They brought it to Dr. Dianne Modestini, who is an expert in the conservation of Old Master paintings and is Senior Research Fellow and Conservator of the Kress Program in Paintings Conservation at New York University.
After examining the painting, Modestini began testing the most appropriate methodology to remove the overpaint. In the past, well-meaning artists and amateur restorers often “treated” paintings in a way in which the artist’s original materials and vision for the work were compromised. In an attempt to remove discoloured varnishes, too harsh solvents were often used, resulting in loss of original artist transparent glaze layers and paint. Damages to the paint layer were often heaving overpainted, even to the point of covering intact original paint.
Today, conservation is highly professional and specialised discipline, requiring years of graduate and post-graduate study and training as well as sound understanding of both materials science and art history. Conservators working in both private and public sectors adhere to strict professional Codes and Ethics that guide our practice.
Modestini recalls that as she began to remove the layers of overpaint with a solvent blend the painting began to reveal itself as something very special. The quality of the brushwork and the delicacy of the final glazes were such that she began to recognise the quality of the work underneath.
Once the layers of overpaint and discoloured varnish has been removed it was revealed that the walnut panel, originally a single piece, had split into several pieces due to a knot in the wood which as a weak point and the panel being subject to climatic stresses over its lifetime. In the past, maybe even centuries ago, the panel had been inexpertly repaired causing further damage. Monica Griesbach, a specialist in the treatment of panels, was called on to repair the panel, a delicate process that took many months.
As she was cleaning the painting Modestini noted that Christ's blessing hand was almost completely intact, while the curls of his hair, the orb and much of the drapery were in good condition. Of the face, Modestini stated,
“Fortunately, apart from the discrete losses, the flesh tones of the face retain their entire layer structure, including the final scumbles and glazes. The passages have not suffered from abrasion; if they had I wouldn’t have been able to reconstruct the losses.”
Unsurpisingly, however, the 500 year old painting did display some areas of damage to the original paint layer. The most distracting of the losses were minimally inpainted to restore the visual cohesion of da Vinci’s composition. This involved the application of paint only to the areas of loss, using the smallest of brushes. Inpainting is a delicate process that can often be very lengthy and involve complex decision-making in regards to the technique chosen.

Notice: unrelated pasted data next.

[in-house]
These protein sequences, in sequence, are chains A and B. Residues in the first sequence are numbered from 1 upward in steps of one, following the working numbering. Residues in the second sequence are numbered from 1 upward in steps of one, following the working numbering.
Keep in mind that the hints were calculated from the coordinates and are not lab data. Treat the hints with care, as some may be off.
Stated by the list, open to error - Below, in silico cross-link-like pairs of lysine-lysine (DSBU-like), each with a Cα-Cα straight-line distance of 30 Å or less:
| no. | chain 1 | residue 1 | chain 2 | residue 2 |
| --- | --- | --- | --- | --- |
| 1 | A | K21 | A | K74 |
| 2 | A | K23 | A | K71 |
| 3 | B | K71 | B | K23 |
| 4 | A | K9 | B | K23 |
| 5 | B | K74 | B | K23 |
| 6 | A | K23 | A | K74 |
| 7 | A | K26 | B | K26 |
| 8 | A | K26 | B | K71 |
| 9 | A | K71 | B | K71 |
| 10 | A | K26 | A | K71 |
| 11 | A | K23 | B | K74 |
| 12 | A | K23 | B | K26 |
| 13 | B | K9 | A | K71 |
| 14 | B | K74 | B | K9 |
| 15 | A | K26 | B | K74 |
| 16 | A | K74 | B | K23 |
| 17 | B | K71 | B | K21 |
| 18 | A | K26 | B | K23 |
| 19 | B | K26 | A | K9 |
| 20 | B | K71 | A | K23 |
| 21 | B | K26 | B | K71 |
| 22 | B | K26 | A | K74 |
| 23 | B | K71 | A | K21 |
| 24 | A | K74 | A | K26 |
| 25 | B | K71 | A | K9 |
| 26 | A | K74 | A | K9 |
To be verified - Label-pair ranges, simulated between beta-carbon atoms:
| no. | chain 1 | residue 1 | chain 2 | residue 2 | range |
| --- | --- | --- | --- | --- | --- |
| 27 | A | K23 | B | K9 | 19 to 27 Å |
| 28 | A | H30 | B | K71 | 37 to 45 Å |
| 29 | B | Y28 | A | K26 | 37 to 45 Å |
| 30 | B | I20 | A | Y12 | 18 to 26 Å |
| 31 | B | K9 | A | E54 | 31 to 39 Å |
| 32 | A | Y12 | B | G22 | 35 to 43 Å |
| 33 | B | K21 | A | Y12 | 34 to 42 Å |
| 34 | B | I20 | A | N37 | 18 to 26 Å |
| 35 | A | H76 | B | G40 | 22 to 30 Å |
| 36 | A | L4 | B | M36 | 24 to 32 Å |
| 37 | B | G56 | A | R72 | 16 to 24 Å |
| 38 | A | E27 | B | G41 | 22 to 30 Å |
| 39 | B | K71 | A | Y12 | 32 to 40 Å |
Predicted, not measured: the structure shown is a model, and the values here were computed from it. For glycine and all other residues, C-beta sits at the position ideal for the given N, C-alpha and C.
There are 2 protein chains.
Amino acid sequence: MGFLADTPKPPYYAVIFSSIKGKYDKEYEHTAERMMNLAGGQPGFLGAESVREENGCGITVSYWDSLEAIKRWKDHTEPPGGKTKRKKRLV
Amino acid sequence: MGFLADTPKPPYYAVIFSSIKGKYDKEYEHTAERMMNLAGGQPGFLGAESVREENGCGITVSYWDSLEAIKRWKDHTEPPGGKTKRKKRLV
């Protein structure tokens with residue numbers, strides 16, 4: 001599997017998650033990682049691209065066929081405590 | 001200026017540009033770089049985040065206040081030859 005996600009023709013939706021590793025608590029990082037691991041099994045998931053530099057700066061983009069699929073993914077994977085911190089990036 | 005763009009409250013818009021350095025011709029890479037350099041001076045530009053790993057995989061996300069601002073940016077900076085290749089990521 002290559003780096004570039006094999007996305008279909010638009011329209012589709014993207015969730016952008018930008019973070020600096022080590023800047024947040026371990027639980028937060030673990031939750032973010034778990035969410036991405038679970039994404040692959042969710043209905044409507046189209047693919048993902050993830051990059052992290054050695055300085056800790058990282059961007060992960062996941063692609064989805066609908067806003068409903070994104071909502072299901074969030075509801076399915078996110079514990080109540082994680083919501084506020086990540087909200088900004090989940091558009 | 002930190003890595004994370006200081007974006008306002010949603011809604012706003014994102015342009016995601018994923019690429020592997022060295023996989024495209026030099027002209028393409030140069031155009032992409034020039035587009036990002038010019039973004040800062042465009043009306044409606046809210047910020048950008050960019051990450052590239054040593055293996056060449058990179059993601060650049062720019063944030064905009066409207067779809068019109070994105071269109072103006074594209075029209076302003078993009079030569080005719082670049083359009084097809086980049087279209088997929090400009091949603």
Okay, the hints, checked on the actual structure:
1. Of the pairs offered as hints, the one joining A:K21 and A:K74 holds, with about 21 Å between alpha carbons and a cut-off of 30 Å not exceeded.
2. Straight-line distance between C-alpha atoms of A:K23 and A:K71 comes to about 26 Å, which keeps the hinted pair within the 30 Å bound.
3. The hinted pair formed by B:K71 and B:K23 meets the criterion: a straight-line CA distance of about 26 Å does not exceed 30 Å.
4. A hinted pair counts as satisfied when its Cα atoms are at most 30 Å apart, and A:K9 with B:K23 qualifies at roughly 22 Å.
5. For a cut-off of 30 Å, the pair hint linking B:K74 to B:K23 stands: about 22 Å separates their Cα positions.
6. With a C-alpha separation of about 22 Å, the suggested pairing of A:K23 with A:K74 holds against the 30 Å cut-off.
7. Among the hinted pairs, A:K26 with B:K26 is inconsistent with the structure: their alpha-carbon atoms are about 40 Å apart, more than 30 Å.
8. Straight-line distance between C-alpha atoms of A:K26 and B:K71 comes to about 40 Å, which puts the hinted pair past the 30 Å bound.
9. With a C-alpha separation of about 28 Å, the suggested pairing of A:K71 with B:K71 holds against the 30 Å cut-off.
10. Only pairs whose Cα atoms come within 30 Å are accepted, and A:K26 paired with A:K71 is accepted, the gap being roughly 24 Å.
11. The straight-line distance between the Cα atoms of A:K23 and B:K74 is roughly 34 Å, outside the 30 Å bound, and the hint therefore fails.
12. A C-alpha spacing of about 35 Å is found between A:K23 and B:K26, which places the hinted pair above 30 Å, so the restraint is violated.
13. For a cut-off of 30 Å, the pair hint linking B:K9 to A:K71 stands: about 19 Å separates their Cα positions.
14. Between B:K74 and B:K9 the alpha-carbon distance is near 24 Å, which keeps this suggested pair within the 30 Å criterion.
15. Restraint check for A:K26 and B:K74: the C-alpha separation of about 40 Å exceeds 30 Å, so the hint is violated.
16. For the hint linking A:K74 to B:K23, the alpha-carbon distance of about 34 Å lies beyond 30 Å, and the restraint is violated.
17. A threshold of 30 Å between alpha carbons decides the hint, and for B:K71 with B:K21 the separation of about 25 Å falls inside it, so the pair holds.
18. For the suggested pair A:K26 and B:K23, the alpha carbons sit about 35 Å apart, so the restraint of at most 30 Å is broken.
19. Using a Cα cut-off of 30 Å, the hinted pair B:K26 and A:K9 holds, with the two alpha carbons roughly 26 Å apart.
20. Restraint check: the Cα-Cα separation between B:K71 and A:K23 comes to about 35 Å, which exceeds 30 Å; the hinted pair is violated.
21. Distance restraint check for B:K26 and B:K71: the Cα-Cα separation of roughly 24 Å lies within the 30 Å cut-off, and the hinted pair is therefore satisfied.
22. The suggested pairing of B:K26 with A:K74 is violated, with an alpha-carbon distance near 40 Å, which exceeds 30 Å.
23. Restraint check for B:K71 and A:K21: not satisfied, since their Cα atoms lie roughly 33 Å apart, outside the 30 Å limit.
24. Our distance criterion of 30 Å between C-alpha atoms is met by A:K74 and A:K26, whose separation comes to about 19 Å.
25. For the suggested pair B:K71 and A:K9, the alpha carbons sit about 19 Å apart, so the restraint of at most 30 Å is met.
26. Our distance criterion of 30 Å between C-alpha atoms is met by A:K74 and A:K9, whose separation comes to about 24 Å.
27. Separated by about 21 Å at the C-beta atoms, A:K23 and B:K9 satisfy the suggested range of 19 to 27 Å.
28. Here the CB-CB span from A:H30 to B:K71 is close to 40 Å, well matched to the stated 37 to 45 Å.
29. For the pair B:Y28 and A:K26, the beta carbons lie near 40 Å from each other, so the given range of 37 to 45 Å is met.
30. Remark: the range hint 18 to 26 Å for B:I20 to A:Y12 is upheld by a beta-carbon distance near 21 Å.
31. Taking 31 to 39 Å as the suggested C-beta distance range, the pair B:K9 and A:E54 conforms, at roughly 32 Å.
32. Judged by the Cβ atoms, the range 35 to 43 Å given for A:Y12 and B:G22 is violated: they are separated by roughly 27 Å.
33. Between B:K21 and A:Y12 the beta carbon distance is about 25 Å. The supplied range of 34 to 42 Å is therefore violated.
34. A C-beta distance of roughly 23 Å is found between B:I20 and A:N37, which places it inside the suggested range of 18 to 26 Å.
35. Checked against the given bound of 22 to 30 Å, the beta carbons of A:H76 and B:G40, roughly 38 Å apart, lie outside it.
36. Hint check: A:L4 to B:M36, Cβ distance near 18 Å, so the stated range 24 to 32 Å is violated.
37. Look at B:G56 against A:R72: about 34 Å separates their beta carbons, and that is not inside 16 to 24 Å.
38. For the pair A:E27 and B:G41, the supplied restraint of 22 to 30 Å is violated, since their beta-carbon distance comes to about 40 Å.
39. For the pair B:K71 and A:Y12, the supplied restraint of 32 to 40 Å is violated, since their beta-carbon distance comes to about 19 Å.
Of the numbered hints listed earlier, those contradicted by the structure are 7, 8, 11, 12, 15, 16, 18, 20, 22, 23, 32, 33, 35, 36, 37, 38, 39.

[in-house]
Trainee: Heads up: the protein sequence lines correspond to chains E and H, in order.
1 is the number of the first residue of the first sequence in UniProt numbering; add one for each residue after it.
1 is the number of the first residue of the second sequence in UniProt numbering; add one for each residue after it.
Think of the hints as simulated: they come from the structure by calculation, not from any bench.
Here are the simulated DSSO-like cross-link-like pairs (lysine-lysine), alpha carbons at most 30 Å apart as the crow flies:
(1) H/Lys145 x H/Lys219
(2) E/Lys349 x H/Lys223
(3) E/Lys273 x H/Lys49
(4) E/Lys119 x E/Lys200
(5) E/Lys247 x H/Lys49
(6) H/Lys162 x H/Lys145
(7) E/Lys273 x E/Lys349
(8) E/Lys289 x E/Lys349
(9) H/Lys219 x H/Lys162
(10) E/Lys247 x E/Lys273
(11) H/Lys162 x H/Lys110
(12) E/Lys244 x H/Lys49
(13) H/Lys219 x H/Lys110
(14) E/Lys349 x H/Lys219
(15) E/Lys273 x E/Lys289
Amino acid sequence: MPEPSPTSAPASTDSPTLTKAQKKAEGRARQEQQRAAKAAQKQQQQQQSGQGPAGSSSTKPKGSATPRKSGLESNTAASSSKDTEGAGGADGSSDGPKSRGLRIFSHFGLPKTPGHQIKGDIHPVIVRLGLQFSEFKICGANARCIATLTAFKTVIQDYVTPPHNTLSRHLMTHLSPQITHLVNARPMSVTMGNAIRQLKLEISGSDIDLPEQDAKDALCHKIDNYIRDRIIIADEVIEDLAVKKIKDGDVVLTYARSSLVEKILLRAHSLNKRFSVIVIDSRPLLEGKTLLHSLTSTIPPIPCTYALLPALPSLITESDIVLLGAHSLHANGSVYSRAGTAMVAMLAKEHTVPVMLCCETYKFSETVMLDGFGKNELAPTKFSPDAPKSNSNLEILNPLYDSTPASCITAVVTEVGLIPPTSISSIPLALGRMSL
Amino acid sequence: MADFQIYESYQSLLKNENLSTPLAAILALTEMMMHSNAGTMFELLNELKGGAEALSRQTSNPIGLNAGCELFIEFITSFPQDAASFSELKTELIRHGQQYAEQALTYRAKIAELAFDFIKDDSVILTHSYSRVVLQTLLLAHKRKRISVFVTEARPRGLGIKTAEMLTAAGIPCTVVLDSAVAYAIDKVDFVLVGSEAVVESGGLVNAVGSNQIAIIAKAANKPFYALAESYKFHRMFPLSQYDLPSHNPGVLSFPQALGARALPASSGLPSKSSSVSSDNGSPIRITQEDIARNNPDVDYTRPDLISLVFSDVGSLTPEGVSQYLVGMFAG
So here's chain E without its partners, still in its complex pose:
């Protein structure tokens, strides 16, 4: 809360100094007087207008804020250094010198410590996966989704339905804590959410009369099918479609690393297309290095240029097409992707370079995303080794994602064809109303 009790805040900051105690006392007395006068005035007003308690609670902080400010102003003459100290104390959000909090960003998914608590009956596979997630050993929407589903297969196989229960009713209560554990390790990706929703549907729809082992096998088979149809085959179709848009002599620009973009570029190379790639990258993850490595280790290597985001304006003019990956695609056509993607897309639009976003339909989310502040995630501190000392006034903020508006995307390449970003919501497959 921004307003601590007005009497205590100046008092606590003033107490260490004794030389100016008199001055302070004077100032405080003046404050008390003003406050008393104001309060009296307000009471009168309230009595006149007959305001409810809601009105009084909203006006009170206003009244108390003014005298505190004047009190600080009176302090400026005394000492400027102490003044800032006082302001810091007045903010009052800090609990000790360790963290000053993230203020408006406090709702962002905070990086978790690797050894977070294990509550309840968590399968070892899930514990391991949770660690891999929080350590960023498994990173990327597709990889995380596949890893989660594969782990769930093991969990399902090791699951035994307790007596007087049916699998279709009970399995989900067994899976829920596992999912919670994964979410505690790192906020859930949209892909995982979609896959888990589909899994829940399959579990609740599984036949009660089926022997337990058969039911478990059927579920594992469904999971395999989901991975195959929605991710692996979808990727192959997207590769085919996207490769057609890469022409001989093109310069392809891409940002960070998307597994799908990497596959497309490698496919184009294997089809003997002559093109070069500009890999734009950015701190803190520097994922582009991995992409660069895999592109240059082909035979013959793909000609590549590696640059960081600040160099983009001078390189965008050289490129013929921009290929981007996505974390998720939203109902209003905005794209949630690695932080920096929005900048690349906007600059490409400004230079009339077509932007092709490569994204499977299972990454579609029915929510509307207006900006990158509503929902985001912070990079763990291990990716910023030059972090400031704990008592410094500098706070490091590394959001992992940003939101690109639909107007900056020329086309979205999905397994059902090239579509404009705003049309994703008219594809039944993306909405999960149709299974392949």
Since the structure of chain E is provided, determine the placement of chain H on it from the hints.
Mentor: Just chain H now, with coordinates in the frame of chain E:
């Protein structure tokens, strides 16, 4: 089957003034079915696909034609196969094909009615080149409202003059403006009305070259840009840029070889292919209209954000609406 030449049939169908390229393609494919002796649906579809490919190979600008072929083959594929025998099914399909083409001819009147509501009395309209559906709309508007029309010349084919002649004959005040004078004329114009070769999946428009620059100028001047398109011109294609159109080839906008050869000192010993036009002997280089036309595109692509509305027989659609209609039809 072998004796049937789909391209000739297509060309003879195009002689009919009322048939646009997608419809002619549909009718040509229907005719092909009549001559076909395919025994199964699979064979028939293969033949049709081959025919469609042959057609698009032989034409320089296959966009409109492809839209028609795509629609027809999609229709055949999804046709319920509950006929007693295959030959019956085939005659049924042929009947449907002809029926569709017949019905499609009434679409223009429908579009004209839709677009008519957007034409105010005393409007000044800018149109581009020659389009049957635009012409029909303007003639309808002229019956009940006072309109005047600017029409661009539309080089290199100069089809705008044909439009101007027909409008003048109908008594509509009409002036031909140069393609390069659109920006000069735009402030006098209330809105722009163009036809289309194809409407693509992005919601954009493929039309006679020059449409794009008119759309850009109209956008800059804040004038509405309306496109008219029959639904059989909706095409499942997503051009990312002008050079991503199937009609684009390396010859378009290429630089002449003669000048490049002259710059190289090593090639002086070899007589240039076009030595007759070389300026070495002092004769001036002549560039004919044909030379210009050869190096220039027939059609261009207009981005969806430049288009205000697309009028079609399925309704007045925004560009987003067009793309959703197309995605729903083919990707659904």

We can choose to either simply “tone” the areas of loss in a neutral colour so that they are still visible, or we can use a technique called trattegio or rigatino where the loss is filled with several colours of paint in short brush strokes all in the same direction which at a distance the eye blends the colours and the lines. Or we can use mimetic inpainting, which Modestini used, which mimics the surrounding intact paint, all allows the viewer to appreciate the overall aesthetics of the work without being distracted by damages.
It should be mentioned that the paint used by conservators is always chemically stable and different from the original artist paint so that it remains separate from the matrix of the painting can be identified. The ethics of conservation also state that any materials or processes used are reversible and can be removed in the future.
As Modestini put it in a 2011 interview with CNN, a conservator must consider "what to touch and what to leave alone." She continued that she
“wanted [to be sure] that none of my restorations impinged on the original, that I had not done too much, because old pictures have to look old—if you take out every crack, every spot, every anomaly, they can easily look like a reproduction”.
Conservators hold a very privileged position- we get to work so closely with artworks, examining them from every angle, in different lights, over many, many hours. In doing so, you become intimately aware of the hand of the artist, their application of paint and the ways in which they have constructed their work.
One day, three years into the conservation treatment, Modestini was endeavouring to reconcile the subtle tonal transition in Christ’s damaged upper lip. She turned to a high-resolution photograph of Leonardo’s Mona Lisa and told NYU Alumni Magazine that “I suddenly realized that the Salvator Mundi couldn’t be by any painter other than Leonardo,” she continued, “I had images of the Mona Lisa hanging everywhere, and the similarities were too strong for there to be any other conclusion.”